Every year around June 1, Thiruvananthapuram or Trivandrum hosts the world’s most important monsoon systems in India. Chasing the Indian monsoon in 1987, Alexander Frater chose Trivandrum as his first stop and writes that welcoming the monsoon to Kovalam beach made him feel “locked in a roaring cataract of waterfall foaming water”. Now, at this very spot, a prominent meteorologist from India has launched a book explaining the intricacies of the monsoon.
After an illustrious career as a scientist, meteorologist and Secretary of the Ministry of Earth Sciences of the Government of India, Madhavan Nair Rajeevan is back in his hometown of Trivandrum, while continuing to guide the Indian Meteorological Department (IMD) as as a distinguished scientist. . He started his career as a scientist studying the stars at one of the country’s most important research institutes, the Tata Institute of Fundamental Research. He then joined IMD for more than two decades of dedicated research as a meteorologist, where he rose through the ranks to become Director of IMD’s National Climate Center before joining the Space Department.
Dr. Rajeevan’s love for weather systems brought him back to head the Indian Institute of Tropical Meteorology (IITM), Pune, for a brief period. From 2015 to 2021, he served as Secretary of the Ministry of Earth Sciences, guiding IMD, IITM and other earth science research institutes towards excellence. As a distinguished researcher, he has published over 100 peer-reviewed scientific papers that have been cited over 10,000 times.
Earlier this week, on World Meteorological Day (March 23), we spoke to Dr. Rajeevan to find out more about his experience as a renowned meteorologist and scientist in India. Here is what he had to say:
The monsoon is known for its unpredictability and variability. As a monsoon hunter, how difficult was it for you to decipher its science and use it to better predict it?
The monsoon remains a mystery and a very complex phenomenon. We don’t know everything about the monsoon, although our understanding and forecasting ability has improved considerably. There are gray areas; we have many unknowns about the role of the oceans, land surface and clouds. I started monsoon hunting in the early 1990s. At that time we didn’t have adequate data or good models. We relied more on empirical methods using all the data we had.
But over the past 20 to 25 years, a significant amount of research work has been done by Indian and international scholars. More and more data, especially satellite data, began to arrive and better prediction models evolved, thanks to fast computers. Being in India was an advantage for me because we Indians studied the monsoon years together. The monsoon is our bread and butter. We have a passion for studying the monsoon, even though it’s a difficult problem to solve.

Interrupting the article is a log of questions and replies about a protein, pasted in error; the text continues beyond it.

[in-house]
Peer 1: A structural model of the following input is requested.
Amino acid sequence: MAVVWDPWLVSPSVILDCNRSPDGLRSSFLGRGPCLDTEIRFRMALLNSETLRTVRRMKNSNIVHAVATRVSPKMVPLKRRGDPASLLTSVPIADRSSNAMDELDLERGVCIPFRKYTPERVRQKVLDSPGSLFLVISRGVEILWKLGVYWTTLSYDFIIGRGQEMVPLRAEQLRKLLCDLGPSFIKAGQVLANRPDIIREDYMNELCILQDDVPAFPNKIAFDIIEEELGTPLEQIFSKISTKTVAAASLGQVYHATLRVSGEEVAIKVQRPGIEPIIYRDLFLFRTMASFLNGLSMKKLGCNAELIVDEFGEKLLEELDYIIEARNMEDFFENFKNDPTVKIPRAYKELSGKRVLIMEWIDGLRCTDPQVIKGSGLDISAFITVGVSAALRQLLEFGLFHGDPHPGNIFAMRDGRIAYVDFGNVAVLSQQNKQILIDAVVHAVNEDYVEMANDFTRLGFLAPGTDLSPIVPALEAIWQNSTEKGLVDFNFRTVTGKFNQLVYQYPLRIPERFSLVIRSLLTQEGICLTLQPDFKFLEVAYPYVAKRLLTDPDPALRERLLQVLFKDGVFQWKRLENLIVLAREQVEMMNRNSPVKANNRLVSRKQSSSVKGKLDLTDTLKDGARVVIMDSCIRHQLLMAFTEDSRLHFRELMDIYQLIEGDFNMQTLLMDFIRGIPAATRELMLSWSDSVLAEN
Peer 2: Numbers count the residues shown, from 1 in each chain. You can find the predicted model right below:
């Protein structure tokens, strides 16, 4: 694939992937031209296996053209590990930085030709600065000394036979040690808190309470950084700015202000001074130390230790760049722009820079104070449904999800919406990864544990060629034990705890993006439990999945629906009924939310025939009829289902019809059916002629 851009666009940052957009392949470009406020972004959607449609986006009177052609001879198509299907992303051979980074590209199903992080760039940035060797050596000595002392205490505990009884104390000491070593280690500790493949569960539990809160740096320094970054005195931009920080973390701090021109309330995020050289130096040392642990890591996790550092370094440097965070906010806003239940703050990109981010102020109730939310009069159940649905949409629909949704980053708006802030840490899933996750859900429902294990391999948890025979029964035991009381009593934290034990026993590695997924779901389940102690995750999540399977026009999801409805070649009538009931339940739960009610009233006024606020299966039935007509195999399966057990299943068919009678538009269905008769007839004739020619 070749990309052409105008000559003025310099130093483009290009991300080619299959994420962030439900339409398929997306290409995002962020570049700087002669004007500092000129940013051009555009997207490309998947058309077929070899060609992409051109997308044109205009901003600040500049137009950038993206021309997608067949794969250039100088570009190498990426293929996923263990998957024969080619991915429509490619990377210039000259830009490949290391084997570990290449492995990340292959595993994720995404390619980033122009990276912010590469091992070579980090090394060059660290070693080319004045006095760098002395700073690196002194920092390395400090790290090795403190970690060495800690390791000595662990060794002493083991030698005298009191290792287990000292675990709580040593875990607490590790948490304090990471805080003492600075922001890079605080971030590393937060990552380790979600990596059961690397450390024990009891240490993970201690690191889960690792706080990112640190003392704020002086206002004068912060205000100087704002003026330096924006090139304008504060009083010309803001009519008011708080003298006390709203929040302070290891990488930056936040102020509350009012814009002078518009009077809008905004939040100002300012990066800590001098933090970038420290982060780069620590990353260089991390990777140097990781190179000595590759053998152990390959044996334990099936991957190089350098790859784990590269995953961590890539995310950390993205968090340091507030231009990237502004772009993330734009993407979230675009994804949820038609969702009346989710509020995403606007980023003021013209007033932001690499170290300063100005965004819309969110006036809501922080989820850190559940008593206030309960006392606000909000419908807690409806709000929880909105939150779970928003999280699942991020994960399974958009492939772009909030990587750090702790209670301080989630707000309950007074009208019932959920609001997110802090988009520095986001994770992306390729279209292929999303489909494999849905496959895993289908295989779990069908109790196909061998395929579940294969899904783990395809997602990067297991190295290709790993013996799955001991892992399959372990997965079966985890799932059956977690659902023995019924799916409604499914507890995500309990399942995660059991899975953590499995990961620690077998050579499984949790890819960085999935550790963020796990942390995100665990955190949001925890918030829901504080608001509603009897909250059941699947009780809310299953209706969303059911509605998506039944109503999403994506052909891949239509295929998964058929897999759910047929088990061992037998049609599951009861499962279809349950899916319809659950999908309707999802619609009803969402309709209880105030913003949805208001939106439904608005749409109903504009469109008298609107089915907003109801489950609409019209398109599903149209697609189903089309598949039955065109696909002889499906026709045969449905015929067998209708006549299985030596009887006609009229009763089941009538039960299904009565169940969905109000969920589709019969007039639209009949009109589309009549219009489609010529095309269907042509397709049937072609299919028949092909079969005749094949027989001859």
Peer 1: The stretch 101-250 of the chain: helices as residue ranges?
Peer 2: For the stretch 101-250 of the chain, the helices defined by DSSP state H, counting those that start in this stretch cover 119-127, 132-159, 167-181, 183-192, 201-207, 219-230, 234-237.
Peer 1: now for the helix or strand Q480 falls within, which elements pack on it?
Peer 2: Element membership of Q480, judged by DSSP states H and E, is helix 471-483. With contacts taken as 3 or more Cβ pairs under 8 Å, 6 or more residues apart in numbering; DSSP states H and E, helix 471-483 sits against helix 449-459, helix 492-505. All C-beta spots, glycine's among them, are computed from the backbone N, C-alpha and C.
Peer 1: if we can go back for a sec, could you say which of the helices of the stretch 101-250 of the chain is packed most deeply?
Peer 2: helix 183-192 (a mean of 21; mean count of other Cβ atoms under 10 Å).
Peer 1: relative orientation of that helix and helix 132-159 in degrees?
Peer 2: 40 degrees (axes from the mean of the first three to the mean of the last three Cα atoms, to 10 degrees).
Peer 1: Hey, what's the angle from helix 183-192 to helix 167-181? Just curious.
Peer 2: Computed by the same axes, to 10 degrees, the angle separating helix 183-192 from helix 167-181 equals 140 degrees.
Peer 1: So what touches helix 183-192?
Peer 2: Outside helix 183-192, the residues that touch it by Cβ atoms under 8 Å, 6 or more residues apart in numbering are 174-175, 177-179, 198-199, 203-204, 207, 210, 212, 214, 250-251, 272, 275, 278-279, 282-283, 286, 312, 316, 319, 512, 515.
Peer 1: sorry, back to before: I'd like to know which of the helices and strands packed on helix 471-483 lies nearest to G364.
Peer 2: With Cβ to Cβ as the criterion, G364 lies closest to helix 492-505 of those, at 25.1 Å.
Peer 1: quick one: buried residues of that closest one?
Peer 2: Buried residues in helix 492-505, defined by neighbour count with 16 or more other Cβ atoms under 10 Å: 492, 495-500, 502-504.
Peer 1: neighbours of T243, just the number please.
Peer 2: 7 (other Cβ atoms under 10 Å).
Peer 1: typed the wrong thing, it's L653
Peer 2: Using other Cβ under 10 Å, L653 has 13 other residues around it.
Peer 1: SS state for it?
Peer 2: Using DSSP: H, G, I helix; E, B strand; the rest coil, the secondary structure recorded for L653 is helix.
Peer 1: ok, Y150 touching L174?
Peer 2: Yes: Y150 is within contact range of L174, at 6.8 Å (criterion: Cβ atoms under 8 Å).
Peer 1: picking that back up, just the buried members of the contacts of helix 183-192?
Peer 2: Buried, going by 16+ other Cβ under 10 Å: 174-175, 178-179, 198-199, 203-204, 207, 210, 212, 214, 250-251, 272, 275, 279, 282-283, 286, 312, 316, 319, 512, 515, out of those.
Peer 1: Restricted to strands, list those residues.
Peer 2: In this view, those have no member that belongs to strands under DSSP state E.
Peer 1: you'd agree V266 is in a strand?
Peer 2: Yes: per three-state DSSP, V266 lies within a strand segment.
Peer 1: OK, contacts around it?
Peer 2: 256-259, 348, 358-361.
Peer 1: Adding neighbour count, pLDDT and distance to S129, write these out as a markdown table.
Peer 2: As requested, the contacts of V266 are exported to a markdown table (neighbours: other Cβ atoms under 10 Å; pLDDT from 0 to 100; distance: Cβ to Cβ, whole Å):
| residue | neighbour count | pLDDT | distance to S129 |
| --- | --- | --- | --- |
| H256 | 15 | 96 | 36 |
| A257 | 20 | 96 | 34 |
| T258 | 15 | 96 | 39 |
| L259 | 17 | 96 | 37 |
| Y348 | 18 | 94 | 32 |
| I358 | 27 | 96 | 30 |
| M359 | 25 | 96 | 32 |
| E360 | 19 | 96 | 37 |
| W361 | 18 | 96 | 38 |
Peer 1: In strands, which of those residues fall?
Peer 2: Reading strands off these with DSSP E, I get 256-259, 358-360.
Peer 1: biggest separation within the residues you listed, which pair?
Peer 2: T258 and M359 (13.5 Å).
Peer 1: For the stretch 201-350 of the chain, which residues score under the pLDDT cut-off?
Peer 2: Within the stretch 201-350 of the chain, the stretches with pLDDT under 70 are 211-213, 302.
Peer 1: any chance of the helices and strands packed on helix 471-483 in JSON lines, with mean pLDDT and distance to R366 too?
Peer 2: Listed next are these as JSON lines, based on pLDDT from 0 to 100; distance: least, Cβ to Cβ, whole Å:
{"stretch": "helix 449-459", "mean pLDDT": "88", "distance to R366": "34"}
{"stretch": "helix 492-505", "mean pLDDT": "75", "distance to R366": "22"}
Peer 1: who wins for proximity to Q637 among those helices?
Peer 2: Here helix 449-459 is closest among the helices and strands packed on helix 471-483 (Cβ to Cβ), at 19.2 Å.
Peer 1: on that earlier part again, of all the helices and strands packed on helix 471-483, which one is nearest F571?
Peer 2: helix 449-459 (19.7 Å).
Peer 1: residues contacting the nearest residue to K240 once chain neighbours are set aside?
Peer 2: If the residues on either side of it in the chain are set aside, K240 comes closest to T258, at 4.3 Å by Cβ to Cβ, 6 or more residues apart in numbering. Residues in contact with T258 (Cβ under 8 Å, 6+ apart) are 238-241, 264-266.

We have, in all humility, continued to study the monsoon more vigorously and improved our forecasts. The Indian government has also offered timely assistance by investing millions in the ambitious monsoon mission with the ultimate aim of better prediction. I’m sure our quest for a better prediction will yield more positive results. At the same time, we must remember that we cannot predict everything about the monsoon and we cannot succeed every time. But we will continue to improve.
You started your career at TIFR in the 1980s. What were the challenges at the time and what pushed you to continue in this field?
Well, in the 1980s, there weren’t a lot of job opportunities. When I got the job at TIFR, I remember my college celebrating. I come from a small village and studied in a local private college. A student from this modest background who joined the best research institution in the country was remarkable. I just continued to do a good job with all sincerity and humility. I never kept any ambition in my mind, but just kept pushing forward. Now, students have many opportunities to choose from. What you need is merit and the motivation to excel.
Please shed some light on the history of meteorological science in India and how it has evolved over the years.
Prior to independence, IMD was well known for its high quality scientific work. Great scientists like Sir Gilbert Walker, known for the Walker Circulation and other Southern Oscillation studies, were once the head of IMD. Even people like Sir CV Raman had great respect for IMD and used to send his students to IMD after graduation. But after independence, IMD did not receive full attention and its quality slowly deteriorated. Government funding has declined sharply as it was under the Ministry of Civil Aviation for many years.